To me this diversity in assessment and measuring tools indicates that there is no one way to define ICT integration. For example, integration can be defined by,

  • the consistent presence of ICT across schools and subject areas (Çapuk, 2015),
  • uptake of ICT’s in schools by teachers and pupils (Cox, 2008),
  • specific and a range of ICT uses (Marshall & Cox, 2008),
  • its ability to empower (Gareis and Hüsing, 2009) and
  • effective use of ICT in digital communication and collaboration (Shamir Inbal & Blau, 2017).

How do I define ICT integration my context?

Adapted from Proctor, Watson & Finger (2003)

Using the model by Proctor, Watson & Finger (2003), it is clear that in terms of ICT integration my current context exists within the third quadrant.


Within the scope of the project there is wide use of ICT amongst learners however at a school and community level there is still a need to justify and substantiate the efficacy of ICT integration in education. With plans for the project to be adopted into a government initiative there is a need more than ever to resist the urge to turn back. Instead it is vital to keep the foot on the pedal and continue to build capacity and increase community awareness. In doing so will it hopefully result in the following.

  • See – all learners in the program using devices twice a week, multiple teachers facilitating sessions, improved learning outcomes in literacy and numeracy and increased digital literacy amongst learners, increased teacher ICT technical and pedagogical knowledge.
  • Hear – parents and community members talking positively about the initiative, headteachers actively supporting teachers and students sharing their successes.
  • Feel – inspired, supported and confident.

I acknowledge this is a diverse range of indicators and as such need to measured and assessed using a range of qualitative and quantitative monitoring tools.



Angeli, C., & Valanides, N. (2009). Epistemological and methodological issues for the conceptualization, development, and assessment of ICT–TPCK: Advances in technological pedagogical content knowledge (TPCK). Computers & education, 52(1), 154-168.

Çapuk, S. (2015). ICT Integration models into middle and high school curriculum in the USA. Procedia-Social and Behavioral Sciences, 191, 1218-1224.

Christensen, R., & Knezek, G. (2008). Self-report measures and findings for information technology attitudes and competencies. InVoogt, J., & Knezek, G. (Eds.). (2008).

Cox, M. J. (2008). Researching IT in education. InVoogt, J., & Knezek, G. (Eds.). (2008). International handbook of information technology in primary and secondary education, Vol. 20 (pp. 965–981). US: Springer International handbook of information technology in primary and secondary education, Vol. 20 (pp. 349–365). US: Springer.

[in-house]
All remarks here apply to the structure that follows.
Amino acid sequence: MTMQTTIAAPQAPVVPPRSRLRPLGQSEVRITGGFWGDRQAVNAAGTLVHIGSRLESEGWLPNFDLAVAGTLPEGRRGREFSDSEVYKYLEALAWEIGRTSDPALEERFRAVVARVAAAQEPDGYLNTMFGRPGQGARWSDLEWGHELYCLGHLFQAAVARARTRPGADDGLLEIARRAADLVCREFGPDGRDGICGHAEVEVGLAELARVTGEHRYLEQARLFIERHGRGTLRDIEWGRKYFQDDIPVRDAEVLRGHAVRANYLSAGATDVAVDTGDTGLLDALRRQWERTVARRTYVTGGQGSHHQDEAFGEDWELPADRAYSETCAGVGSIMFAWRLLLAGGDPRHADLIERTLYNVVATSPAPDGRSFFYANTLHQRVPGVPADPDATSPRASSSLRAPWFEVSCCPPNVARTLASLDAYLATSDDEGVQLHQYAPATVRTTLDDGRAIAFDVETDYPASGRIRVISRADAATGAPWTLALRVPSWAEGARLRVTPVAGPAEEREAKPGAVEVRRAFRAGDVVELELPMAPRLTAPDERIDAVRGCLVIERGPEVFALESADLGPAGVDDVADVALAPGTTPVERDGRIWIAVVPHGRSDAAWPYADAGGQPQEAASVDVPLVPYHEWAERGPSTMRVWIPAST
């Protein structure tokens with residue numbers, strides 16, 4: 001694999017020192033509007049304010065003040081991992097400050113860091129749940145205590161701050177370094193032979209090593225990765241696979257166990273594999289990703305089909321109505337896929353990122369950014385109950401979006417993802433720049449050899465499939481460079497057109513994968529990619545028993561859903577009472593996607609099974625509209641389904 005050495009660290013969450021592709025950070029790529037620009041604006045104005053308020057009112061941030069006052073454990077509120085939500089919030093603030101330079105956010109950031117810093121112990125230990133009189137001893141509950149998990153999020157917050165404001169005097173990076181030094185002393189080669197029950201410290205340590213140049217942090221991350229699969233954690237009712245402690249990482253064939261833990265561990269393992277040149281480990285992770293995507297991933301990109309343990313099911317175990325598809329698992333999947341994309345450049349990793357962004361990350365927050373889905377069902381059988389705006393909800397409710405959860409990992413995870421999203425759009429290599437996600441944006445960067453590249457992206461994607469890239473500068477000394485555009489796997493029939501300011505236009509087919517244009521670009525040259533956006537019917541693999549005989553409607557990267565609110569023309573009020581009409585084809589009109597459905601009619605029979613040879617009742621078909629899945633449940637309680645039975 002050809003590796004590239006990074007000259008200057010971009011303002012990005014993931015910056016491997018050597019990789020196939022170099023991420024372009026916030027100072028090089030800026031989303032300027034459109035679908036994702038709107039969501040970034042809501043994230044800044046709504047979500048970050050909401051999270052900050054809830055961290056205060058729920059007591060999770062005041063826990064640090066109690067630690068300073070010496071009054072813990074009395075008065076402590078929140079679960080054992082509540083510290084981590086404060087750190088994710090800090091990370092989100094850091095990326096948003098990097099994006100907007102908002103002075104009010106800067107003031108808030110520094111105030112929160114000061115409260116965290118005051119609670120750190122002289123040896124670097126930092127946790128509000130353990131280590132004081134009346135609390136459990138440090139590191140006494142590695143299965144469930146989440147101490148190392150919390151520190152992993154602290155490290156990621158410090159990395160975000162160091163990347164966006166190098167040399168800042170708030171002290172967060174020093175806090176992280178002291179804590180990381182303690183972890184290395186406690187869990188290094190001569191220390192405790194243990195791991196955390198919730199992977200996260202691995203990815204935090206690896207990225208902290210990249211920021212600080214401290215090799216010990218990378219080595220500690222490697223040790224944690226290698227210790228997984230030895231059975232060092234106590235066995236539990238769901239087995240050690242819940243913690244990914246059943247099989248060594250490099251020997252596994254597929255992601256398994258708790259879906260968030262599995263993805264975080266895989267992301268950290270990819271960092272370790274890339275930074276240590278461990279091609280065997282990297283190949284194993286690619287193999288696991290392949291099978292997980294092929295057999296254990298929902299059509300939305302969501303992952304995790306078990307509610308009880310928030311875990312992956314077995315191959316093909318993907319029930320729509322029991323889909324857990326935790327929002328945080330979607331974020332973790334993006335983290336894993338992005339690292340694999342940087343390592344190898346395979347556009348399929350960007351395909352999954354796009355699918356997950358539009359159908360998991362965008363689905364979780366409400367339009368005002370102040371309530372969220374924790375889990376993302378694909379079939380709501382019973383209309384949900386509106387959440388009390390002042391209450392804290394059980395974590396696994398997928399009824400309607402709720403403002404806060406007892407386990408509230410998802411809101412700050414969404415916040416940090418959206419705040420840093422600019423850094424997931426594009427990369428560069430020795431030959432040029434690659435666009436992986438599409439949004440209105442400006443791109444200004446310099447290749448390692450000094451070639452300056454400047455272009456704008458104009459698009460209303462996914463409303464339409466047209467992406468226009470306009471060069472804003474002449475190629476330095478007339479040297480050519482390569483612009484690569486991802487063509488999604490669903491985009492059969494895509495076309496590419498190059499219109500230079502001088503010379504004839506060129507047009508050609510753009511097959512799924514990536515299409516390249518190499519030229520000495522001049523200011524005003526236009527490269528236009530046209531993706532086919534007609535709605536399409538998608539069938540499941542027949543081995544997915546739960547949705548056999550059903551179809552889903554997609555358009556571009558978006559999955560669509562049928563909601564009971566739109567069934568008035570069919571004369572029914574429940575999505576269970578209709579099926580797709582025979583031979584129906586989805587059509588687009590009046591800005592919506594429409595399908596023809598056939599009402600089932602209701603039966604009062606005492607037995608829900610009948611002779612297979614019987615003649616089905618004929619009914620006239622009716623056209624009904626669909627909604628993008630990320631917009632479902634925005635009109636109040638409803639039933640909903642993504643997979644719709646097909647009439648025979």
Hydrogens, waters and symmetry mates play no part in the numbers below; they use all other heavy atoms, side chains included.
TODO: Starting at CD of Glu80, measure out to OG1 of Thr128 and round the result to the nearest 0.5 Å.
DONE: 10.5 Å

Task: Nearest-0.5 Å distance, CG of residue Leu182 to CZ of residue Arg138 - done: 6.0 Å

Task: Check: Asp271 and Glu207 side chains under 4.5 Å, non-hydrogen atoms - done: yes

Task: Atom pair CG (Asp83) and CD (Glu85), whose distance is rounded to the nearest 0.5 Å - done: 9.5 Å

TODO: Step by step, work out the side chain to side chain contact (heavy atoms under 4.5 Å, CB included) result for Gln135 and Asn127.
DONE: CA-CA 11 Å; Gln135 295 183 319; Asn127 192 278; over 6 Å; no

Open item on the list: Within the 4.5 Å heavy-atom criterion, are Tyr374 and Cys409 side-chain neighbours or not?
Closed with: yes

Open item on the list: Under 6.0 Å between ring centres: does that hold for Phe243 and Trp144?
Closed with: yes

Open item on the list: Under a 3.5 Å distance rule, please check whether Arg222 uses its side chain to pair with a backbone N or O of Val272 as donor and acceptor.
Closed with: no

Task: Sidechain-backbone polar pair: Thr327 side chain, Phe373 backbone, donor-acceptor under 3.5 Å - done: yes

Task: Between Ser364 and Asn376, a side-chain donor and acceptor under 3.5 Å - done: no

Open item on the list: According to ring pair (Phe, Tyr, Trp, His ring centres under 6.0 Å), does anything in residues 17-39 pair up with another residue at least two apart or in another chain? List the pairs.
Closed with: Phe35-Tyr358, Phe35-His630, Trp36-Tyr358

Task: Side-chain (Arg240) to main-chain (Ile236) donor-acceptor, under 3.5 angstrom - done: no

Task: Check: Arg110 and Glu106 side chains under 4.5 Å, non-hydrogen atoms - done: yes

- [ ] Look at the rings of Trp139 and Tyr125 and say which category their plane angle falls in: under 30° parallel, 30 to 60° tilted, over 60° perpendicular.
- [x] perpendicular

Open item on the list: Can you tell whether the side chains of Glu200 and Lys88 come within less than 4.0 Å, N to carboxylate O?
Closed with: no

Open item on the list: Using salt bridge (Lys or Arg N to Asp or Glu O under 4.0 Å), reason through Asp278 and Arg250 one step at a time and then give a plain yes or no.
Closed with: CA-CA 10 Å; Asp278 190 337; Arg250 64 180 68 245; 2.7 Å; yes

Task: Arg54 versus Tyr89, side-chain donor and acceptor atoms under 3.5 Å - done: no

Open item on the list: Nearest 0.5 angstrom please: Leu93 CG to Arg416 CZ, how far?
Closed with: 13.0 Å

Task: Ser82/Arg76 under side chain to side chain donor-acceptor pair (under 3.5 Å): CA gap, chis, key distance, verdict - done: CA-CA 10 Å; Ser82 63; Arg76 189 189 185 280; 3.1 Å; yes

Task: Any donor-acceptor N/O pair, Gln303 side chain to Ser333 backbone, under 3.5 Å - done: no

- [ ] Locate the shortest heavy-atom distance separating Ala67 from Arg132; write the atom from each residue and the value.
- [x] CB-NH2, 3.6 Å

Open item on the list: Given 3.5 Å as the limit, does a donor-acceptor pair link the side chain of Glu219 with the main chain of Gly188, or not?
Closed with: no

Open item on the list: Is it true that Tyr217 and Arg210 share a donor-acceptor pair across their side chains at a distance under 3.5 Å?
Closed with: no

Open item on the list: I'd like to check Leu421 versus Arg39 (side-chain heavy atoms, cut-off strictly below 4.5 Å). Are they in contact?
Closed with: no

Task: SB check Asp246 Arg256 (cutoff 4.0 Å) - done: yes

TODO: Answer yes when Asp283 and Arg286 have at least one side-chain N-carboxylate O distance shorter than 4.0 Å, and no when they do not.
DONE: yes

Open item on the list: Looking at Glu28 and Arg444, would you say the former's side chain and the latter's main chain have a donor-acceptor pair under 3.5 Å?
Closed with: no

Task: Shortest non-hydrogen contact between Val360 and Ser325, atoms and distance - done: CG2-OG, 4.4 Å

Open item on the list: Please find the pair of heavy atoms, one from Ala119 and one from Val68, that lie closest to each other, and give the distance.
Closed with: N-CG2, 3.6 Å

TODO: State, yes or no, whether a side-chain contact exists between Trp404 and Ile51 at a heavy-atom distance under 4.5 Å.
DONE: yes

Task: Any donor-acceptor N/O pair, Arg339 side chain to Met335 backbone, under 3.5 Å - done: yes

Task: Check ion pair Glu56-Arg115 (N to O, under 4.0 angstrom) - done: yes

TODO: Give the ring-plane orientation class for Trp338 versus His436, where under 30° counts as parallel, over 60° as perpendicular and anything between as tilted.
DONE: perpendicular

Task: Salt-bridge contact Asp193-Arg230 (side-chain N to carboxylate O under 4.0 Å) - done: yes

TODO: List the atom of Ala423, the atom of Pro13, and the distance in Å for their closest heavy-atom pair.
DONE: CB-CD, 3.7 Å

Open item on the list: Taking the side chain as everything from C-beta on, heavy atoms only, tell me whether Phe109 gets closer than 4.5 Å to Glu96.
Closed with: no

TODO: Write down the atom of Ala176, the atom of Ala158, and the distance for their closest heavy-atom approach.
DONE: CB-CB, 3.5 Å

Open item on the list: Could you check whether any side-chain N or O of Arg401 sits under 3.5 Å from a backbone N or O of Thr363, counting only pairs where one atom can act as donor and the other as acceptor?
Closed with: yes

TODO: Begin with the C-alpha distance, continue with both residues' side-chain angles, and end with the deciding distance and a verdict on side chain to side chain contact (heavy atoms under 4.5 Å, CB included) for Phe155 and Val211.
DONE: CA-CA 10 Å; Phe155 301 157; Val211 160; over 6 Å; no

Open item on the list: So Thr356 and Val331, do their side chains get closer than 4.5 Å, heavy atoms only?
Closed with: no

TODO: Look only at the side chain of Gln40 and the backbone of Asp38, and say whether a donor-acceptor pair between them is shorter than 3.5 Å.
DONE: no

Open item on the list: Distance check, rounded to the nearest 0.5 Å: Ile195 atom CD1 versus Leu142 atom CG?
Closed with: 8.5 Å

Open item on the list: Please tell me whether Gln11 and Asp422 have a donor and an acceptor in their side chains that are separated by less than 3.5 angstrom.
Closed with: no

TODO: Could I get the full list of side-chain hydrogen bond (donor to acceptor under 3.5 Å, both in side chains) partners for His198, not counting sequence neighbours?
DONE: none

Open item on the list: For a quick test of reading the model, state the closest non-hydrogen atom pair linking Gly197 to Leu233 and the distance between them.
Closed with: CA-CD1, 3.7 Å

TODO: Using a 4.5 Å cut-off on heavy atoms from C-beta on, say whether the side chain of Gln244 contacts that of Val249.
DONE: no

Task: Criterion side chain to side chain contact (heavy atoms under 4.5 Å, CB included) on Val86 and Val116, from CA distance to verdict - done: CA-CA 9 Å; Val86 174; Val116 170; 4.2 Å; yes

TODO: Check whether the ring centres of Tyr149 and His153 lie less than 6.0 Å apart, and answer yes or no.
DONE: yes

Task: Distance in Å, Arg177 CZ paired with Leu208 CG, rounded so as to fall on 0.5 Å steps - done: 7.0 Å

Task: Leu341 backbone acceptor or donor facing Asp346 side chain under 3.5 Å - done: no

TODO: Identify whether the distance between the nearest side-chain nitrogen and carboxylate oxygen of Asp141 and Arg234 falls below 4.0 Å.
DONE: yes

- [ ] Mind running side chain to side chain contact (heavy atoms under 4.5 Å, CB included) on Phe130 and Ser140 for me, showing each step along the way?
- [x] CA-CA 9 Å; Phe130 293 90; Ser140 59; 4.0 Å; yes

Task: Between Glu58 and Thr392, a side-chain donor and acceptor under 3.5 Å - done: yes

Gareis, K., & Hüsing, T. (2009). Measuring transformational use of ICTs at regional level. In Handbook of research on ICT-enabled transformational government: A global perspective (pp. 351-378). IGI Global.

Jamieson-Proctor, R., Watson, G., Finger, G., Grimbeek, P., & Burnett, P. C. (2007). Measuring the use of information and communication technologies (ICTs) in the classroom. Computers in the Schools, 24(1), 167–184.

Marshall, G., & Cox, M. J. (2008). Research methods: their design, applicability and reliability. InVoogt, J., & Knezek, G. (Eds.). (2008). International handbook of information technology in primary and secondary education, Vol. 20 (pp. 983–1002). US: Springer

Proctor, R., Watson, G. and Finger, G. 2003. Measuring information and communication technology (ICT) curriculum integration. Computers in the Schools, 20(4): 67–87. http://primo.unilinc.edu.au/CSU:CSU_ALL:TN_ericEJ698975

Shamir-Inbal, T., & Blau, I. (2017). Which pedagogical parameters predict the general quality of ICT integration from the perspective of elementary school leaders?. Computers in the Schools, 34(3), 168-191.

Solar, M., Sabattin, J., & Parada, V. (2013). A maturity model for assessing the use of ICT in school education. Journal of Educational Technology & Society, 16(1), 206-218.

Module 6: Digital Technology Resources Queensland

Australian Curriculum: Digital Technology

P-10 Subject curriculum, achievement standards 

Digital Technologies Hub

Lesson ideas, learning sequences. 

C2C &  The Learning Place.

Learning sequences, lesson plans and assessment tasks contexualised for Queensland schools. 

Australian Institute for Teaching and School Leadership

Teaching standards, leadership strategies 

Digital Strategy – Education Queensland

State-wide strategy to deliver personalised, collaborative and integrated learning experiences for the digital generation.


National repository of digital resources aligned to the Australian Curriculum.